15 հոկտեմբեր, 2015 17:31

Perincek v. Switzerland: Freedom to Deny?

s-bcaa124a839ac8e3f044ff7b5cddaf9a6b7369df Ultranationalist Turkish politician Dogu Perincek.

On October 15, the European Court of Human Rights Grand Chamber judgement in the case of Pernicek v. Switzerland was handed down.

The case concerns the criminal conviction of Dogu Perincek, a Turkish ultranationalist politician, who publicly challenged the existence of the Armenian Genocide in a series of lectures in Switzerland in 2005.

After his conviction by the Swiss courts in 2007 for inciting hatred, Perincek took the case to the ECHR. In a December 2013 judgement, the Chamber of the Court ruled that there had been a violation of his freedom of speech.

On March 7, 2014 Switzerland filed an appeal that led to the Grand Chamber hearing on January 28, 2015. Renowned international rights lawyers Geoffrey Robertson and Amal Clooney represented the Armenian side during that hearing.

In today’s judgement, the Grand Chamber concluded that Switzerland had breached human rights law by taking legal action against Perincek

The judgement said that there had been a violation of Article 10 of the European Convention on Human Rights which guarantees freedom of expression.

The judgement went on to say: “Being aware of the great importance attributed by the Armenian community to the question whether those mass deportations and massacres were to be regarded as genocide, the European Court of Human Rights held that the dignity of the victims and the dignity and identity of modernday Armenians were protected by Article 8 (right to respect for private life) of the Convention.

“The court therefore had to strike a balance between two Convention rights – the right to freedom of expression and the right to respect for private life –, taking into account the specific circumstances of the case and the proportionality between the means used and the aim sought to be achieved.”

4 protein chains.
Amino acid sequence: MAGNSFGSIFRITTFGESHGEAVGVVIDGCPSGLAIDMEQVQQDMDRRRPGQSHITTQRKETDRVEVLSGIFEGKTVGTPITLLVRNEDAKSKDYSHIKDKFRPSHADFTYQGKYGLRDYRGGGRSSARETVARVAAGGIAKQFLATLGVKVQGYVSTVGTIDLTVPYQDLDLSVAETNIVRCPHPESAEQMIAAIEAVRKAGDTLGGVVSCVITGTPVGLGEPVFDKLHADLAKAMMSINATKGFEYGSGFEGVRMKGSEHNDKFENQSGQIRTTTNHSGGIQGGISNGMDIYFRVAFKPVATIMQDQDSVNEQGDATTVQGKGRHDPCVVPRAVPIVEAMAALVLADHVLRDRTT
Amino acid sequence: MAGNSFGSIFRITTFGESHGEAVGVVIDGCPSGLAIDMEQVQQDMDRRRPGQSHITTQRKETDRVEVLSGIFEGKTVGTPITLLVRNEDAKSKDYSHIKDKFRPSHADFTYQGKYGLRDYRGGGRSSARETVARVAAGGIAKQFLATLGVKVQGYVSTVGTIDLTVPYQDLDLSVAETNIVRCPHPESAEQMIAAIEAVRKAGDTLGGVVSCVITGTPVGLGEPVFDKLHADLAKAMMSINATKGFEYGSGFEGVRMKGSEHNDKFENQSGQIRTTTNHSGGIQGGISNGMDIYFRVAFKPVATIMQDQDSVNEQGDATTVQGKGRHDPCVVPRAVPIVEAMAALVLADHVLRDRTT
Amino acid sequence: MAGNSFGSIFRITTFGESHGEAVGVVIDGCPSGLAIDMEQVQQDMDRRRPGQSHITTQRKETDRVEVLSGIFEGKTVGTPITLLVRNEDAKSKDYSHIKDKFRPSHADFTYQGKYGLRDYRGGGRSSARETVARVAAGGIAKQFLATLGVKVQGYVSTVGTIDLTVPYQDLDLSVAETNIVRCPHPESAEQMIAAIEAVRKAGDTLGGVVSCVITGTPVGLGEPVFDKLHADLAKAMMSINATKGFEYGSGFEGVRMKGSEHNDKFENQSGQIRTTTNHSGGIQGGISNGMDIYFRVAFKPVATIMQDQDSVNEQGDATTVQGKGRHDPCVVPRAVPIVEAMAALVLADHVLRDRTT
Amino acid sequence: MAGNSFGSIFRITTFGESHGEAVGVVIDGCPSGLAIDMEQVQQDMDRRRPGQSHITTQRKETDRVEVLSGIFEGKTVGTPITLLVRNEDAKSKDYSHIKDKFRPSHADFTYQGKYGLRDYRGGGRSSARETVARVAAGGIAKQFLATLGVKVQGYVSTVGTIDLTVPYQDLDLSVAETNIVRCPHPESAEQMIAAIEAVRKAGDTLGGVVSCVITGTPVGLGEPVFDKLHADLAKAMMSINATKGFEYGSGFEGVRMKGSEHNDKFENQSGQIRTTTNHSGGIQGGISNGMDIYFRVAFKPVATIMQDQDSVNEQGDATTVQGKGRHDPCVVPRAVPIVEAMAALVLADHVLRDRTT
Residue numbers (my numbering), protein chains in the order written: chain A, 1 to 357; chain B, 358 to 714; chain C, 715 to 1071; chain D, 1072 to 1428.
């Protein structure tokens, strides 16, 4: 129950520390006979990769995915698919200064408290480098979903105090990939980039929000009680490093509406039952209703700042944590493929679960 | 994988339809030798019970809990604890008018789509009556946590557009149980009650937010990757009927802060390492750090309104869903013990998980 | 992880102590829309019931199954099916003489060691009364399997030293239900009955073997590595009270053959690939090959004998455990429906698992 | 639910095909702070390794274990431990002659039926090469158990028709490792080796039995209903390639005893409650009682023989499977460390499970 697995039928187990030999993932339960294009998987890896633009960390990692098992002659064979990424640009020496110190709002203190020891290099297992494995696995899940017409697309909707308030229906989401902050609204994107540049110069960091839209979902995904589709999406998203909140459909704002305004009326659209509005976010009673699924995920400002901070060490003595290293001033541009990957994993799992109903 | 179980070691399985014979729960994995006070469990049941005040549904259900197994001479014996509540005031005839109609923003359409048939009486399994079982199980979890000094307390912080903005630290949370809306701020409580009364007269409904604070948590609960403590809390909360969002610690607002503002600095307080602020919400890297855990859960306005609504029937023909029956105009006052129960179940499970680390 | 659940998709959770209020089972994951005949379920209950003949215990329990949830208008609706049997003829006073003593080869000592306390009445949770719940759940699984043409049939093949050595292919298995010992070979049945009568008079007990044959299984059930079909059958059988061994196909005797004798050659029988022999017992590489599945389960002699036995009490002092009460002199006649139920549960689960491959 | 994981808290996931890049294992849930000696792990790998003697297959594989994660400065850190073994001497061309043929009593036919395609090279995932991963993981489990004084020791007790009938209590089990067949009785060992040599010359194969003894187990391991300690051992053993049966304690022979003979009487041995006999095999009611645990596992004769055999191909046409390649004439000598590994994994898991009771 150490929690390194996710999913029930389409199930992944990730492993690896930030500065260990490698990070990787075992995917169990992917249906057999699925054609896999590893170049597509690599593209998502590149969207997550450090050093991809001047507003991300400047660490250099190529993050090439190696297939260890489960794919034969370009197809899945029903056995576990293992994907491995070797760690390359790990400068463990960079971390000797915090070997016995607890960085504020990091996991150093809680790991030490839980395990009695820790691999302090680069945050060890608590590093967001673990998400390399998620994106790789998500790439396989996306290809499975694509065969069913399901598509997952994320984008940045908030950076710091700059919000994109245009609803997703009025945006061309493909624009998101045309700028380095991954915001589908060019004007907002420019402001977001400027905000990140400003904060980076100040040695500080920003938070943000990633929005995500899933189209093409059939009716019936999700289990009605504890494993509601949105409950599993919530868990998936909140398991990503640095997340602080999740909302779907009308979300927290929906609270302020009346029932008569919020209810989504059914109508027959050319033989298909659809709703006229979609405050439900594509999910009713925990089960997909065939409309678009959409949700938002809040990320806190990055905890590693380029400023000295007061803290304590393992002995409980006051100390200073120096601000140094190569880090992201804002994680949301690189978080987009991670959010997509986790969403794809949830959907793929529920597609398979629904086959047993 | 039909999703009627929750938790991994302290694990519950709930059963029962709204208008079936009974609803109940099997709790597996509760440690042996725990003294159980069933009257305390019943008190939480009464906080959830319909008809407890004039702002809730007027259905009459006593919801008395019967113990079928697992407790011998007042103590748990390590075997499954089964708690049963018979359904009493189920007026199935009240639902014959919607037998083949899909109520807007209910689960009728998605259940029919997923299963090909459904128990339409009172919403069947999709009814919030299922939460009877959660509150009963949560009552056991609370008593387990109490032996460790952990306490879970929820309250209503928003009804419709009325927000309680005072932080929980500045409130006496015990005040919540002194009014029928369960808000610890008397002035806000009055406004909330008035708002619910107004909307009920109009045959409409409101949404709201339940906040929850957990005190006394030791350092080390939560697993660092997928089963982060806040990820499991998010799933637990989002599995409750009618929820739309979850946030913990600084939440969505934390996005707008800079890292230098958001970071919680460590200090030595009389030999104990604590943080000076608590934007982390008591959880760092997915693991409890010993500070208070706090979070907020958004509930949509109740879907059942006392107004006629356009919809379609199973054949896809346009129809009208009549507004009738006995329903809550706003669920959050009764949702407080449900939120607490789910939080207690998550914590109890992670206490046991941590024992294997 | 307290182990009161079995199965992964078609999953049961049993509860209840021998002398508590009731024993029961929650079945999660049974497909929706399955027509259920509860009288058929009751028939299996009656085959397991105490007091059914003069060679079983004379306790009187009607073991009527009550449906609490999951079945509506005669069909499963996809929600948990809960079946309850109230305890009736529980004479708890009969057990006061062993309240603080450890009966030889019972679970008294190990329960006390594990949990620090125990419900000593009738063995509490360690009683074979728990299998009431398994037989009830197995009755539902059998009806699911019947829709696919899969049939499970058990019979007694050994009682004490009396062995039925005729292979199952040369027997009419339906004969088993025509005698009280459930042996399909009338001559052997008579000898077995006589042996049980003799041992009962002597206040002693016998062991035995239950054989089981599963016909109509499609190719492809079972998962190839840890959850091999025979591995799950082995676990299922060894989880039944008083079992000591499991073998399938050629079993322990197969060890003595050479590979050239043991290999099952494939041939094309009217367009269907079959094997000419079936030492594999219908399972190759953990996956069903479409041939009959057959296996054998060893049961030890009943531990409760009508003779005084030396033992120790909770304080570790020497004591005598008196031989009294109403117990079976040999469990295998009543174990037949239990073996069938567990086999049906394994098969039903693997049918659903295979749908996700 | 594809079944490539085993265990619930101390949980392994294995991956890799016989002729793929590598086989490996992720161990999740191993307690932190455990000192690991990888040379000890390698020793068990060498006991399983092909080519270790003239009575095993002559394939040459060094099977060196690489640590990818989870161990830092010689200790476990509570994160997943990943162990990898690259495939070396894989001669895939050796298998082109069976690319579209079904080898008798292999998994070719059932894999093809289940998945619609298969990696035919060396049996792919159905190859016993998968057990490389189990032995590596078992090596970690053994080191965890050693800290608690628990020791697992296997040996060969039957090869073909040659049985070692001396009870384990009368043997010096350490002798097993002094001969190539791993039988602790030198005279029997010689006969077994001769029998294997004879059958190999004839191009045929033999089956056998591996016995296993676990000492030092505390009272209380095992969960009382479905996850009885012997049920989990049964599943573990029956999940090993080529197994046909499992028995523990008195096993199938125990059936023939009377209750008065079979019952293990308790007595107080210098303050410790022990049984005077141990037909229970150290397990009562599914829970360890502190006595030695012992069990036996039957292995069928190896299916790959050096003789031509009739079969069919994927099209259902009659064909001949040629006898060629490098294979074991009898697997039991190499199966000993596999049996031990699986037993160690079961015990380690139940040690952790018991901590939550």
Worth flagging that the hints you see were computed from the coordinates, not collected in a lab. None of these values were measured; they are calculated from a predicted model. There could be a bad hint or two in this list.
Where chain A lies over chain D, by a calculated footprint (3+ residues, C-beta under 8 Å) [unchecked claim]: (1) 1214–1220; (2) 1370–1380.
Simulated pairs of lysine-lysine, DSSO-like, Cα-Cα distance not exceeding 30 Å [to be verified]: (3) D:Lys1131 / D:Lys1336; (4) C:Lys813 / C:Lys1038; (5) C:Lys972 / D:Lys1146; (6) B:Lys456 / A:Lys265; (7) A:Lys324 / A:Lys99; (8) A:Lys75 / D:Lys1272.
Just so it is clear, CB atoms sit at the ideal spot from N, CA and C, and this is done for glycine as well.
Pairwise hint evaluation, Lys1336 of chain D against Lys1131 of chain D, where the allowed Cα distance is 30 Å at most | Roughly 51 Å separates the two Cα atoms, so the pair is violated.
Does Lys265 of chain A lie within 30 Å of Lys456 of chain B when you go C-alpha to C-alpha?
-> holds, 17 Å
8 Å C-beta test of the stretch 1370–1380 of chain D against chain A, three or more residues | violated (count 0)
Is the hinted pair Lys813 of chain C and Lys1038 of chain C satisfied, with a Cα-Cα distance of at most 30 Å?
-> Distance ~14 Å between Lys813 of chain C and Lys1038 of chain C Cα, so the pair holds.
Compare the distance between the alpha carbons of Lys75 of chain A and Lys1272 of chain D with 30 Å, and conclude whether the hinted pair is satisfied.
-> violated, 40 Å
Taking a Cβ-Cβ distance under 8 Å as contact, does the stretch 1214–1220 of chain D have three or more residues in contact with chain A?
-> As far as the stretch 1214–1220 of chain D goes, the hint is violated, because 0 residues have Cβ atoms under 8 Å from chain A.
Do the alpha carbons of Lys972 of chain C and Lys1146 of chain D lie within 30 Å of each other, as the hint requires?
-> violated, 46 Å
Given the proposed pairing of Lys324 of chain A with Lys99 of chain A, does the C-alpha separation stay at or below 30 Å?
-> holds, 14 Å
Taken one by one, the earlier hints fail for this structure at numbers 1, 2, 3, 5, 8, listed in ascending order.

The Press Office of the ECHR has just published a Q & A to shed light and provide some clarity on the judgement. It clearly states that the Court is neither required nor does it have the authority to make legally binding pronouncements on the veracity of the Armenian Genocide.

Below is the full transcript of that paper:

  • Did the Court say that the massacres suffered by the Armenian people at the hands of the Ottoman Empire from 1915 onwards were genocide or not?
In its judgment, the Court underlined that it was neither required to answer that question, nor did it have the authority – unlike international criminal courts, for instance – to make legally binding pronouncements on this point.
  • Did the Court find that Mr Perinçek’s statements had amounted to genocide denial?
The Court did not seek to establish whether those statements could be characterised as genocide denial or justification for the purposes of Swiss criminal law, underlining that that question was for the Swiss courts to determine. However, the nature of Mr Perinçek’s statements was a significant element in the Court’s examination of whether there was a violation of Article 10 (freedom of expression) of the European Convention on Human Rights. The Court emphasised that Mr Perinçek did not express contempt or hatred for the victims of the 1915 events.